Why This Might Be The Most Depressing Stage Of The Pandemic For Parents
I knew for weeks that things were starting to look worse with the pandemic. The positivity rate where I live, in the NYC metropolitan area, had shot up from 0.3% to over 2%. There were outbreaks at our local camp and at several other area camps, most of which had gone “mask optional” for the summer.
Delta was here, and everyday, the percent of COVID cases that could be attributed to the variant was increasing. And we all knew Delta had done in places like the U.K. and Israel, both of which had large percentages of people vaccinated …
Still, I don’t think I started to really despair about it all until yesterday, when the CDC announced its new mask guidance. It wasn’t the mask guidance that caused me to despair, though. As someone who has been super cautious during the pandemic, I had never stopped masking indoors, even after getting vaccinated, and I welcomed the guidance that everyone should be doing the same, regardless of vaccination status.
No, what got me feeling as though the walls were caving in was when I heard the rationale behind the guidance. As The New York Times reports, the CDC’s decision to encourage fully vaccinated people to wear masks indoors in places of high transmission was based on new research pointing to the fact that fully vaccinated people can become contagious if they get infected with COVID.
As Apoorva Mandavilli explains in the Times: “C.D.C. officials were persuaded by new scientific evidence showing that even vaccinated people may become infected and may carry the virus in great amounts, perhaps even similar to those in unvaccinated people”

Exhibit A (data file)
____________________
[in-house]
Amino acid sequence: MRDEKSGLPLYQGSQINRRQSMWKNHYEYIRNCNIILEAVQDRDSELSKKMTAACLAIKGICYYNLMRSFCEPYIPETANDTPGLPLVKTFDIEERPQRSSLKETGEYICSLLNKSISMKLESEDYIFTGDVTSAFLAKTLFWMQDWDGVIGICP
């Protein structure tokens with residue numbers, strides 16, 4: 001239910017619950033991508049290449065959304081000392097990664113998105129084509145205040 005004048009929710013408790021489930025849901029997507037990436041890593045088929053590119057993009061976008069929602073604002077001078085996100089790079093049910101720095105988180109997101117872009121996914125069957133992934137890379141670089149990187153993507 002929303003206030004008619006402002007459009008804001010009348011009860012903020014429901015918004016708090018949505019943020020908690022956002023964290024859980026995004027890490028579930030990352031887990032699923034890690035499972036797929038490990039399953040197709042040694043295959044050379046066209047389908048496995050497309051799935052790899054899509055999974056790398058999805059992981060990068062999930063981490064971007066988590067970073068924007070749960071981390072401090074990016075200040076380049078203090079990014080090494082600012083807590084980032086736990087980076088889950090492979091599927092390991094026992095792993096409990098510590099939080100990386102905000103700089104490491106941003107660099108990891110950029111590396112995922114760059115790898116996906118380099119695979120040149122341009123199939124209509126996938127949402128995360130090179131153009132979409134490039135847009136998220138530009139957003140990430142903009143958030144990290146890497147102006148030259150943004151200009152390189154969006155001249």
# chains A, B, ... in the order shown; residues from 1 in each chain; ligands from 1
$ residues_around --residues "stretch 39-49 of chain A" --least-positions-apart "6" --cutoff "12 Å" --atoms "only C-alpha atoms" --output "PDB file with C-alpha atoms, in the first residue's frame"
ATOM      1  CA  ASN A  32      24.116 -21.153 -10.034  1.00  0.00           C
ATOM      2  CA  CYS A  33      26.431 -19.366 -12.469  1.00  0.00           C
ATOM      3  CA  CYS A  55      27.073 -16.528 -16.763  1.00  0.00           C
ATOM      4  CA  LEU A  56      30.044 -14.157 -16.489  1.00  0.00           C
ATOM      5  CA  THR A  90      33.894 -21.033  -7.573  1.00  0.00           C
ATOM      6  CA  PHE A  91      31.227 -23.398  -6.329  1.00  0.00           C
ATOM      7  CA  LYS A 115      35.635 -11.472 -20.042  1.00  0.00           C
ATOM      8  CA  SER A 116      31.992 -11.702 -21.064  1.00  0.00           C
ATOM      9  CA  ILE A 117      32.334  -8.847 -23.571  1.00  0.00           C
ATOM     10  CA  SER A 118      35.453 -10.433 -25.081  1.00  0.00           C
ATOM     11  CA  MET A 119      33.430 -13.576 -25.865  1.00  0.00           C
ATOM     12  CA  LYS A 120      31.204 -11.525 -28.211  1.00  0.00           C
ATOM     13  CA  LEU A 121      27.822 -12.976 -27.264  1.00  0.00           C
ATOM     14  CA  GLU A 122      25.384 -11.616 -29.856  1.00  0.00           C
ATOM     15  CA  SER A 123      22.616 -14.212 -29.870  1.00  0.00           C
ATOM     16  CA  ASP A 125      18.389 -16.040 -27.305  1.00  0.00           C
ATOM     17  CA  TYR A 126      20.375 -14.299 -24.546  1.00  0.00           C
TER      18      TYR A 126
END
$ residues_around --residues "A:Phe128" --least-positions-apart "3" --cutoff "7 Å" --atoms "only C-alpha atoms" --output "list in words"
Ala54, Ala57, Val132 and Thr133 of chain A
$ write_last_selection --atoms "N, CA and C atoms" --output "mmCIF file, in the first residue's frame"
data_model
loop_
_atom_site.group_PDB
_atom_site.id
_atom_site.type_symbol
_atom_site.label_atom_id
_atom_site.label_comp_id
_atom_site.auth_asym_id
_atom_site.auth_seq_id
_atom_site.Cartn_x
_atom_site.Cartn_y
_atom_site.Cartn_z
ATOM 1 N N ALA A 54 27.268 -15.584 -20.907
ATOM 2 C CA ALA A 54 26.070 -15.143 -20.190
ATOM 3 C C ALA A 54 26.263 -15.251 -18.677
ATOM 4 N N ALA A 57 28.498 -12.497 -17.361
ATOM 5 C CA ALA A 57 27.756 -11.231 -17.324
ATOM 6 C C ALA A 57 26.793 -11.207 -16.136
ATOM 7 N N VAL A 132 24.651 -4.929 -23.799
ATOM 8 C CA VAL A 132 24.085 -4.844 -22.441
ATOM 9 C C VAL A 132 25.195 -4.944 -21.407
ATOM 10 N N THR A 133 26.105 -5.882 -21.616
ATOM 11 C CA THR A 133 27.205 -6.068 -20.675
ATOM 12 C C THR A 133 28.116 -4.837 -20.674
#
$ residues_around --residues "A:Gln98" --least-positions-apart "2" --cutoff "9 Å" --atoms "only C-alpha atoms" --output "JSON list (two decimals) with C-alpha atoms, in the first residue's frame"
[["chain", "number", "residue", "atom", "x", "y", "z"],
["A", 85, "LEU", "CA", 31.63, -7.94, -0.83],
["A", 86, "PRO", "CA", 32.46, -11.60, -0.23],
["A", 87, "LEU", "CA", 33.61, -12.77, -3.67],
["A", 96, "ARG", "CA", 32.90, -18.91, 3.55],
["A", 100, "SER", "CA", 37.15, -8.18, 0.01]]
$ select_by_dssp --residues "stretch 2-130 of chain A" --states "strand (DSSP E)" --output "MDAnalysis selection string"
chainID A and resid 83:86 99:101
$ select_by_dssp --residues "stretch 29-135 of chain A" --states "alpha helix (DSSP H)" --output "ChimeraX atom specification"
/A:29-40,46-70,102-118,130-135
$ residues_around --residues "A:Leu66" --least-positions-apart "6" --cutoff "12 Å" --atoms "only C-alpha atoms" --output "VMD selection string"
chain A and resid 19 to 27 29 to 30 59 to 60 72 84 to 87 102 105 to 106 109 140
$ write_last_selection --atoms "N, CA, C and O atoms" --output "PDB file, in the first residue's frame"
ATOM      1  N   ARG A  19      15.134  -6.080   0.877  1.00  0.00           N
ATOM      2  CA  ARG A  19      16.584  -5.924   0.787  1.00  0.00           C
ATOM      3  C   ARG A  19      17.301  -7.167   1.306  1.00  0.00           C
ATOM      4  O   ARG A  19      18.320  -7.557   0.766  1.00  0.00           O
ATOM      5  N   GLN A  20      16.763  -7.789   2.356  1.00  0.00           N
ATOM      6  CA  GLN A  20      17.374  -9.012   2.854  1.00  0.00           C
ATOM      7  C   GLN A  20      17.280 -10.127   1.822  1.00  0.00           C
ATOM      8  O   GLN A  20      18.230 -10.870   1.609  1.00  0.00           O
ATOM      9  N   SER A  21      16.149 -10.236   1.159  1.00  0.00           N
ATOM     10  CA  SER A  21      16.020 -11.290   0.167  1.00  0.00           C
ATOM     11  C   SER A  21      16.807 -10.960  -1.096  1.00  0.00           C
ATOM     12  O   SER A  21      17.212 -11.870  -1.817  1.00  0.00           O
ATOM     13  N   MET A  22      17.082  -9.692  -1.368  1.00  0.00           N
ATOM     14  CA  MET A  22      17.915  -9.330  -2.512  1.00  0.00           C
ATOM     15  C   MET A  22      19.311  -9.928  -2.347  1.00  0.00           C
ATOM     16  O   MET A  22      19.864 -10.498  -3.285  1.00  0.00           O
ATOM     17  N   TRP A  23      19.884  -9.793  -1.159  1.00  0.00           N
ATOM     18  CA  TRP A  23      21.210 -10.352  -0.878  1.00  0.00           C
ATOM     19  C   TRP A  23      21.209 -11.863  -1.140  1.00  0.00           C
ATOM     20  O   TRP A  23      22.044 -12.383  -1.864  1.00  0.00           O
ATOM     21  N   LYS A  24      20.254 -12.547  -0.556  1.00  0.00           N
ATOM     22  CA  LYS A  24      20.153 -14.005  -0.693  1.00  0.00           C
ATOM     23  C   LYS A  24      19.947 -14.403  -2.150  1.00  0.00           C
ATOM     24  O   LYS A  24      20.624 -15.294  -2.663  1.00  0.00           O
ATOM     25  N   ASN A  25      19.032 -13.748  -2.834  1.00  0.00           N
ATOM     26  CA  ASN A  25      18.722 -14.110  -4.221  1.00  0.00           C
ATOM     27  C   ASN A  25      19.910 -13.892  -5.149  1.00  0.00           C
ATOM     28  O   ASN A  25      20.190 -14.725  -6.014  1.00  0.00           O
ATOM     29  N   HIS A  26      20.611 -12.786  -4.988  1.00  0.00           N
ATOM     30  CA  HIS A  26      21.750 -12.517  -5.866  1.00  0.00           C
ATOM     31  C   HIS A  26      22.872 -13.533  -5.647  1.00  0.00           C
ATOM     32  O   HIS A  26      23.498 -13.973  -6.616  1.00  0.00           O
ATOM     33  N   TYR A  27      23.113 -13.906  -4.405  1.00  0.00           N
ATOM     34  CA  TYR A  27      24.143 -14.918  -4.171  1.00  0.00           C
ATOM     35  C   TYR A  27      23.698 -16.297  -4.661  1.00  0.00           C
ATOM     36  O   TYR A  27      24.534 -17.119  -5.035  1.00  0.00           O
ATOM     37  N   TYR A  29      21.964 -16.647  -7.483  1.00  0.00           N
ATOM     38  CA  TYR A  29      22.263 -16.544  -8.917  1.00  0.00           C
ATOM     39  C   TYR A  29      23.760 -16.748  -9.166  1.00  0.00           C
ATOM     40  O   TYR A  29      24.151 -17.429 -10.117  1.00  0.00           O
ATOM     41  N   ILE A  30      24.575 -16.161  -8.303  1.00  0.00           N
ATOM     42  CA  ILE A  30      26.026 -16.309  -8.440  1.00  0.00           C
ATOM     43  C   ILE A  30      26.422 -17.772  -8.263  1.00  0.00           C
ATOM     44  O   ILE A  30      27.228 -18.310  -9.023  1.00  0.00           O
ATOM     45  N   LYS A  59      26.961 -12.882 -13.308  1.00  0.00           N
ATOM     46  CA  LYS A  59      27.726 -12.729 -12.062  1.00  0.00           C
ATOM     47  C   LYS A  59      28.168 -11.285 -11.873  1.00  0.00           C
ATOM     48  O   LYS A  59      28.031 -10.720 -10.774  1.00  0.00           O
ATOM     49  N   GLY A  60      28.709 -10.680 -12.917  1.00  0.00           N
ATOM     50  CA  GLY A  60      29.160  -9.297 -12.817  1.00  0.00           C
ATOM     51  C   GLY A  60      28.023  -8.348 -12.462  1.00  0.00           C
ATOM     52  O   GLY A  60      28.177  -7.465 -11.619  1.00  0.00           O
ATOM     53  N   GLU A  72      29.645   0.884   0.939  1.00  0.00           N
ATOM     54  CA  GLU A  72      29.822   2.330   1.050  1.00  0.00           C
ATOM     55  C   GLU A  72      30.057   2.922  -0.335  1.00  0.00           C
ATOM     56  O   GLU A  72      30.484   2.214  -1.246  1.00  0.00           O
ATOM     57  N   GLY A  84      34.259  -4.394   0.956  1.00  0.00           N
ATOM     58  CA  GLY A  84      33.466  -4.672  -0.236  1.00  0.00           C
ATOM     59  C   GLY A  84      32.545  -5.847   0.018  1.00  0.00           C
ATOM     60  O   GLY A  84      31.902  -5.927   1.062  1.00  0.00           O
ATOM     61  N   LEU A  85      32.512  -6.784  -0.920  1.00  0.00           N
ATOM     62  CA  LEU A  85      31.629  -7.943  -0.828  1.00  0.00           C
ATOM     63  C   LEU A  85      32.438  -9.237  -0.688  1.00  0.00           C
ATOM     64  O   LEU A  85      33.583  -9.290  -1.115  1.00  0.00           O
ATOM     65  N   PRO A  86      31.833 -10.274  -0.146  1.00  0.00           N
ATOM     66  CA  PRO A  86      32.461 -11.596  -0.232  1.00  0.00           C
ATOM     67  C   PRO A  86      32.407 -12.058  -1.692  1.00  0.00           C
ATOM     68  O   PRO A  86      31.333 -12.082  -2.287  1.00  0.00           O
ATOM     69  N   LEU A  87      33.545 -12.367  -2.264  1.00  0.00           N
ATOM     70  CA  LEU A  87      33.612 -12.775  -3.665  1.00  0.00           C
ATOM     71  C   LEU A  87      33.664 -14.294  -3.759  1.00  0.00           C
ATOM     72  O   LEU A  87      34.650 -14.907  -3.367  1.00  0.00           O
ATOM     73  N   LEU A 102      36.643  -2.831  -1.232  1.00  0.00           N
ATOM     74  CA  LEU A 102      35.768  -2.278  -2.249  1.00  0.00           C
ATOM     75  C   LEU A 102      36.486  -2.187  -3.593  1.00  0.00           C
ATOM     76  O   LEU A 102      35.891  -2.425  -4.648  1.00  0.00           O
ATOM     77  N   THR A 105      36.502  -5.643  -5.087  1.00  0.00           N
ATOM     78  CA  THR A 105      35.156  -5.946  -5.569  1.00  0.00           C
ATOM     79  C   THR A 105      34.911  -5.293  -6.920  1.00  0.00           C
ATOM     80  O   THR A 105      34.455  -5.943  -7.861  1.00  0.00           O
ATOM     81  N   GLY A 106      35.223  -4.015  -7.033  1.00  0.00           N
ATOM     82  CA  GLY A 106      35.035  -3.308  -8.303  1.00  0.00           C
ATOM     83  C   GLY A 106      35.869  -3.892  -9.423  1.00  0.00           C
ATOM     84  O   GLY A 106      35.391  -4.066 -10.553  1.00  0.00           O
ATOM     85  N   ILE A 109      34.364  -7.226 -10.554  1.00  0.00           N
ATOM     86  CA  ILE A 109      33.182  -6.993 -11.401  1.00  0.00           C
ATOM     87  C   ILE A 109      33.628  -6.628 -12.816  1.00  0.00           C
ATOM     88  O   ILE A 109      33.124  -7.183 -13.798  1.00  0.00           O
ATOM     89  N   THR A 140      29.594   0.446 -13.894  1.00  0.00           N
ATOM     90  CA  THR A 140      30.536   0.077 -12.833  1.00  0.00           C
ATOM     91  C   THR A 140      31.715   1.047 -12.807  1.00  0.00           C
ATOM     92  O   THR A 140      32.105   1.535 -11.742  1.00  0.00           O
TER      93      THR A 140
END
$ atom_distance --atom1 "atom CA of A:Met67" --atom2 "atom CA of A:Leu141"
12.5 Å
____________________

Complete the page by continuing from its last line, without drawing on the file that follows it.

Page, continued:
The Washington Post points out that this was not the case before Delta came to town. At that time, the CDC had evidence that fully vaccinated people rarely transmitted the virus to others. “Such transmission did not happen in any significant way with earlier versions of the virus,” the Post explained.
You guys. This sucks. This really, really sucks. Remember when vaccinated people were very unlikely to spread the virus to others, even if they caught a breakthrough infection? That time is over, apparently.
To add insult to injury, fully vaccinated people can now transmit the virus to others, even if they have asymptomatic infections.
“People who are vaccinated, even when they’re asymptomatic, can transmit the virus, which is the scientific foundation of why this recommendation is being made,” Dr. Fauci told the Post.
My heart sank when I took all of this in. And I know it’s not just me. Parents everywhere are feeling the weight of this all.
My family was one of the ones who took the virus very seriously before vaccines were available. We had been on full lockdown until my husband and I got vaccinated. Soon after, my teen got vaccinated too.
That only left my unvaccinated 8-year-old. He has asthma (he’s been rushed to the hospital before with asthma attacks) and we aren’t taking any chances with him contracting the virus. But when we were told back in May that it’s very unlikely for fully vaccinated people to spread the virus to others, we started doing more out in the world and opening up our social circle a little bit more.